This article was originally published by Radio Free Asia and is reprinted with permission.
China’s ruling Communist Party has appointed its own representative to head one of the country’s most prestigious universities, as the administration of President Xi Jinping continues its ideological crackdown on academic life.
“The State Council, China’s cabinet, on Tuesday announced the appointment of Hao Ping as the new president of Peking University,” state news agency Xinhua reported in a brief announcement.
“He will replace Lin Jianhua, who was removed from the position.”
The university held a full meeting of teaching staff on Tuesday to announce the change, telling staff that Lin was already past retirement age.
The personnel changes to a position that is ranked similarly to a provincial governor in China’s government and party hierarchy come after the university was dogged by a campaign from its own students to find out the truth behind a decade-old student suicide as part of the #MeToo movement.
It also comes after a signature campaign for Lin’s resignation by Peking University (Beida) alumni, who thought he had handled the #MeToo campaign badly.
But according to alumnus Yang Ningyuan, the move doesn’t mean the university is heading in a more progressive direction.
“This is a retrograde step, for sure, and this isn’t the only place this is happening,” Yang told RFA. “But paying attention to these things is of no use; [the leadership] steers wherever it wants to steer … if it wants to go backwards, then it’ll go backwards.”
Anhui-based former state prosecutor Shen Liangqing said Chinese universities have always been subject to control by the ruling party, but not usually total control.
“Our education system is already managed by the party, and has been for a great many years,” Shen said. “[Universities] are brainwashing tools.”
“But this move will probably step up controls over the university and over the students,” he said. “That means things could still get even worse.”
Since taking office in 2012, Xi Jinping has tightened ideological controls over all aspects of society, including universities, colleges and schools.
The approach stems from a 2013 article titled “Improving Ideological and Political Work Among Young Teachers in Colleges and Universities,” and from Xi’s reiteration of the “Seven Taboos” that mustn’t be discussed in public by servants of the state, including teachers.
They seven banned topics are: universal values of human rights and democratic, constitutional government; press freedom; civil society; citizens’ rights; the historical mistakes of the Chinese Communist Party; the financial and political elite; and judicial independence.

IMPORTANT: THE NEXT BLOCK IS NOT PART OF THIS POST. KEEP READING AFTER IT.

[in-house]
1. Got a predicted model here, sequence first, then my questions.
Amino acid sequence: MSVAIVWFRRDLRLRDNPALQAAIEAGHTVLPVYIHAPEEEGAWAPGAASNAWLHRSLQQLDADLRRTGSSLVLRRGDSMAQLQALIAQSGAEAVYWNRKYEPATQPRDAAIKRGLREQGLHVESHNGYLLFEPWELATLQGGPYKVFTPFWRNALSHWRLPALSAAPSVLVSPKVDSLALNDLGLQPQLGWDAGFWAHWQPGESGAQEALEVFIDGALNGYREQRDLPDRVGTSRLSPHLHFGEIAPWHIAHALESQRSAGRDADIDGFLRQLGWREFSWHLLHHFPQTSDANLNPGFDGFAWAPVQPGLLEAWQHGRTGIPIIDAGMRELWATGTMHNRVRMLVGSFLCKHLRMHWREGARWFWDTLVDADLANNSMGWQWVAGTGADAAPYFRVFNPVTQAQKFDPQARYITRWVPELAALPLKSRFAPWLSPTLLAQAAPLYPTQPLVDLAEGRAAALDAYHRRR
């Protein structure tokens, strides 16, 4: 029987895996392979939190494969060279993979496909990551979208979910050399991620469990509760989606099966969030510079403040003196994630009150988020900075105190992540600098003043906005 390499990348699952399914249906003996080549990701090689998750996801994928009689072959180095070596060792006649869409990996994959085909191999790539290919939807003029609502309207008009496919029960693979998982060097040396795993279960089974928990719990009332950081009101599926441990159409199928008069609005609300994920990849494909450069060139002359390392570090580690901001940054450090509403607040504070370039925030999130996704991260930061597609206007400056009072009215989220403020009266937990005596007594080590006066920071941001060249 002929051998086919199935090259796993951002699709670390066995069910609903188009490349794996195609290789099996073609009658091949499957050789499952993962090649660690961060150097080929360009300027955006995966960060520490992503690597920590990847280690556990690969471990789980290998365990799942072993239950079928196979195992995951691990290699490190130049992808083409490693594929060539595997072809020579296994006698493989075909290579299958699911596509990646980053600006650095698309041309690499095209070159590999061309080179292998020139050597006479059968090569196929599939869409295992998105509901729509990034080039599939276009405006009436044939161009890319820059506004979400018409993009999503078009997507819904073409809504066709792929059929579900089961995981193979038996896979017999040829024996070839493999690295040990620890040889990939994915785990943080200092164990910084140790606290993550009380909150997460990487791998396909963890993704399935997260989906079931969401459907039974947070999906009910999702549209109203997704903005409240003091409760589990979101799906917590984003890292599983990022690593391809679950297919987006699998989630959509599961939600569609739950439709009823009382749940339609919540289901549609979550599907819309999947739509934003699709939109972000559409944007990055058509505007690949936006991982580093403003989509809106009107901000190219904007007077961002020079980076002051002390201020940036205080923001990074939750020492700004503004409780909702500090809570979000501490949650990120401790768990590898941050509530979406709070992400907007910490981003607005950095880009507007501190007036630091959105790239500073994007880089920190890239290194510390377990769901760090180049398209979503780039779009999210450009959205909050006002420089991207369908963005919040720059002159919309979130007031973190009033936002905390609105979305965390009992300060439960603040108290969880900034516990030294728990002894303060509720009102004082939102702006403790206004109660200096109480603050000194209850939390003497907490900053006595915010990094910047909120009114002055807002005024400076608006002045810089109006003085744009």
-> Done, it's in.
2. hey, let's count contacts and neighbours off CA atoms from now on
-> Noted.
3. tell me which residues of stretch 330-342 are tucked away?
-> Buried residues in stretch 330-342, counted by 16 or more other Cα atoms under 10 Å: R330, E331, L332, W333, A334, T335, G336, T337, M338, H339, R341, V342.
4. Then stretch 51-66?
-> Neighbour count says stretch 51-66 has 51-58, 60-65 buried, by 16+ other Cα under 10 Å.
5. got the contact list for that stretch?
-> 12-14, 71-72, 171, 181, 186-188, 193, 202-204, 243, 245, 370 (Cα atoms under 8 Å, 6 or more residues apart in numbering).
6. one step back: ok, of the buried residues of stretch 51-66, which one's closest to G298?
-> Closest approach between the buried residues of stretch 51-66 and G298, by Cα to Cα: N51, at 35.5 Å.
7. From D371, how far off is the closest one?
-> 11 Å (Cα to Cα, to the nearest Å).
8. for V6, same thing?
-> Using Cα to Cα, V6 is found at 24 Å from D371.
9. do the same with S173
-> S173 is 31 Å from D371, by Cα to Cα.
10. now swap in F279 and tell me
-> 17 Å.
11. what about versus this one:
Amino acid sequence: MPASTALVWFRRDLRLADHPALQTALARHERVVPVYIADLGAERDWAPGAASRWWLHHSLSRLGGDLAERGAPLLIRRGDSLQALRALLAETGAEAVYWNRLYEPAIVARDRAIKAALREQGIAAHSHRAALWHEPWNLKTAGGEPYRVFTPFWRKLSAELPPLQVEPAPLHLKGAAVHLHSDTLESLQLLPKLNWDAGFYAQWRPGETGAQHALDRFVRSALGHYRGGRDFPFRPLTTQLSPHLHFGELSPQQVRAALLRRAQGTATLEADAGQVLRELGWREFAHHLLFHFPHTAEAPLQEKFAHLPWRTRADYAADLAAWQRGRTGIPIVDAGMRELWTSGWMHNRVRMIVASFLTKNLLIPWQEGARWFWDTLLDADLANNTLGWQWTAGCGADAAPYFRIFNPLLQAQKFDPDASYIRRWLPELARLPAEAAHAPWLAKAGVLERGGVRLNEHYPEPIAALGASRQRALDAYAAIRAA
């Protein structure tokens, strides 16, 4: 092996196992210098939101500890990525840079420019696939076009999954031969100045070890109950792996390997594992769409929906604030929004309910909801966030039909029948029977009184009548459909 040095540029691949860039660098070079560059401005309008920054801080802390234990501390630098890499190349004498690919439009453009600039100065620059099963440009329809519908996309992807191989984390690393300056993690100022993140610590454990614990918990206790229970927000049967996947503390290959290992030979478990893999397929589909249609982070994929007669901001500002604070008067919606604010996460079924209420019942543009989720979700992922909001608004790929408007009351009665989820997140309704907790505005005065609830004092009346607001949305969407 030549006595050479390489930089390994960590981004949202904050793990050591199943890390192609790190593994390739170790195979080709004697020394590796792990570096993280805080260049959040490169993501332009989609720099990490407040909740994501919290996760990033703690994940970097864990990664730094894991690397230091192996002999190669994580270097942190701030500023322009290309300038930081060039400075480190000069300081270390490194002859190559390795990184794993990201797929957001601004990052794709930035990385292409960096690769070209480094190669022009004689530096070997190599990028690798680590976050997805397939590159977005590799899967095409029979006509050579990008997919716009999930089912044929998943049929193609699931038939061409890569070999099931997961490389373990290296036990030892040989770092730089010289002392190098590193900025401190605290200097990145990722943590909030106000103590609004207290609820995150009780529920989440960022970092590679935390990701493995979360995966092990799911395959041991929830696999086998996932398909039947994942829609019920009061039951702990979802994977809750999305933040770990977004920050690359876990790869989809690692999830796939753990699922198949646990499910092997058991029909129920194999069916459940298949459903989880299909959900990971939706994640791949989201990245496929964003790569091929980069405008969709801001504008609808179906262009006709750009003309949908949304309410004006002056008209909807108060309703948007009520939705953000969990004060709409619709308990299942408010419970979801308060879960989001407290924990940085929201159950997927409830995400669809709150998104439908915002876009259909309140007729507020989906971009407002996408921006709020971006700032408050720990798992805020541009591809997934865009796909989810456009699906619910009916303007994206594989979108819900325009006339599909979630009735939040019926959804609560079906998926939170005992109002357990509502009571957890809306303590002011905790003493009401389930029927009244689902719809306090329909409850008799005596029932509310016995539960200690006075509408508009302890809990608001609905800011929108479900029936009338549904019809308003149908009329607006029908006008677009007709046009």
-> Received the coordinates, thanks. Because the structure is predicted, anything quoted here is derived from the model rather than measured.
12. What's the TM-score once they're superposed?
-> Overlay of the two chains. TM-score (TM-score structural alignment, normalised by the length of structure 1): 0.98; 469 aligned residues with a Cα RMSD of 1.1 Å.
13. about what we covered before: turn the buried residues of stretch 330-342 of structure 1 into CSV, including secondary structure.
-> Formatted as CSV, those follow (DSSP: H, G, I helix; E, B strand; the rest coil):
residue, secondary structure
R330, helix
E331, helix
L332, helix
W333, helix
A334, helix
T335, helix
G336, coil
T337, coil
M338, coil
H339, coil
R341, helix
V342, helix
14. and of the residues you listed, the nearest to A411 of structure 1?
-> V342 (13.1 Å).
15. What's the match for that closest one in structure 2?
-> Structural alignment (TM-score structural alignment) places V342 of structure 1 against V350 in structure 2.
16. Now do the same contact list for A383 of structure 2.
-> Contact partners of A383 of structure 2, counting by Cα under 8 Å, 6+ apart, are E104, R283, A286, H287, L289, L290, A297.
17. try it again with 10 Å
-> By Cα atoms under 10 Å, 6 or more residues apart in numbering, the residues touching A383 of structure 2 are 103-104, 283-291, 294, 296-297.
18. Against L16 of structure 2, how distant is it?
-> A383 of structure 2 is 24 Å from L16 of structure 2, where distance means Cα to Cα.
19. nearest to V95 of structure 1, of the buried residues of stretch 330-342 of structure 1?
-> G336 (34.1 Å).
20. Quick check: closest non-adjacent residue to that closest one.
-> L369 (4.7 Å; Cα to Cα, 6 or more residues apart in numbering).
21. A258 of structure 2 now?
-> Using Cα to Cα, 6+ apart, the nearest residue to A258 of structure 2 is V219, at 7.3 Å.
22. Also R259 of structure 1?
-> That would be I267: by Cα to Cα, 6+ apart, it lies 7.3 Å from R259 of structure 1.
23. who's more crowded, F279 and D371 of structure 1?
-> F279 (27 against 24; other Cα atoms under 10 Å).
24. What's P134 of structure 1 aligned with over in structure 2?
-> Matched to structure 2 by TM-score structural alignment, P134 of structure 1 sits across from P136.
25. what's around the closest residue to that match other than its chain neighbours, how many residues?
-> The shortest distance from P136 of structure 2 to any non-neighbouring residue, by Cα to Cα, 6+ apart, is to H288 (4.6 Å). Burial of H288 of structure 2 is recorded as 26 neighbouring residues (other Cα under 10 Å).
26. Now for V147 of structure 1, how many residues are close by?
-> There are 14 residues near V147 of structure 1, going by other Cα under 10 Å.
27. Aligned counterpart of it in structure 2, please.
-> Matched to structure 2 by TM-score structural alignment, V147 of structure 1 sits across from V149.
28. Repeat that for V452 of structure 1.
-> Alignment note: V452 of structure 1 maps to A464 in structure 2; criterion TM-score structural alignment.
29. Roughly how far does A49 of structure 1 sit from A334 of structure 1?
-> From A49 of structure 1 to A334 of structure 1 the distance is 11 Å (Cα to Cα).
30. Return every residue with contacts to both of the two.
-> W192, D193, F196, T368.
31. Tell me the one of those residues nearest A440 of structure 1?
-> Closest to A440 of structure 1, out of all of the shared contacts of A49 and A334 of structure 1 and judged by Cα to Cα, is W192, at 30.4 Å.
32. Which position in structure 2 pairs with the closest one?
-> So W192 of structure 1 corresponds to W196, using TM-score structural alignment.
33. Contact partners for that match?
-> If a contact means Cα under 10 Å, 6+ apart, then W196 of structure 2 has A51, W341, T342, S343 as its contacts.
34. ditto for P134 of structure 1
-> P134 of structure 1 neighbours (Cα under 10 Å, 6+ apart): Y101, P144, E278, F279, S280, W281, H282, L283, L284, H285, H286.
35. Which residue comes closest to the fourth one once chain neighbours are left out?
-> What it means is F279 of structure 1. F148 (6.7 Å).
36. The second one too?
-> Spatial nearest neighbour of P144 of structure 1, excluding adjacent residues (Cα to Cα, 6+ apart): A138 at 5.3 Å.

Meanwhile, Hong Kong’s South China Morning Post newspaper reported last week that Chinese teachers are now being punished for discussing social issues like environmental protection, gender inequality, and the death penalty, citing the case of high-school teacher Liang Xin, who was demoted to cleaner after being reported by students.
‘Less and less room for public debate’
Tan Song, a former associate professor at the Chongqing Normal University now living in the United States, agreed that there is now less and less room for public debate and academic freedom on Chinese campuses, owing to two key features of university and school life.
“First, there are the cameras, which don’t just shoot video; they also record audio,” Tan said. “Once they are installed, everything that happens in the classroom can be recorded in detail and passed to a monitoring center.”
“If someone wants to know about your class, they don’t even need to go to the classroom. They can just call up the video feed from the monitoring station,” he said. “It’s similar to the way the police monitor traffic.”
“The other way of monitoring teachers is via student informants, which has been in place much longer,” Tan said. “The student information officer is a one-way contact, directly chosen by those in charge, and they are equivalent to informants.”
The effect of these controls puts huge psychological pressure on teachers and lecturers, he said.
“The moment the authorities hear something they don’t like … a corresponding punishment will follow,” Tan said. “Some teachers still dare to express their opinions and independent views … but I didn’t; I only said things that would be acceptable to the authorities.”
He said the atmosphere meant that students’ education was severely compromised. “It’s very difficult to get hold of genuine information,” he said.
Xia Ming, professor of political science at New York’s City University, said the ever-increasing ideological pressure could be pushing China towards a backlash on its campuses, however.
“China has a tradition of students being at the forefront in key moments of history,” Xia said. “The Chinese government knows this, and in particular, they still carry the political memory of the 1989 [student-led democracy movement].”
Reported by Wen Yuqing for RFA’s Cantonese Service, and by Han Jie for the Mandarin Service. Translated and edited by Luisetta Mudie.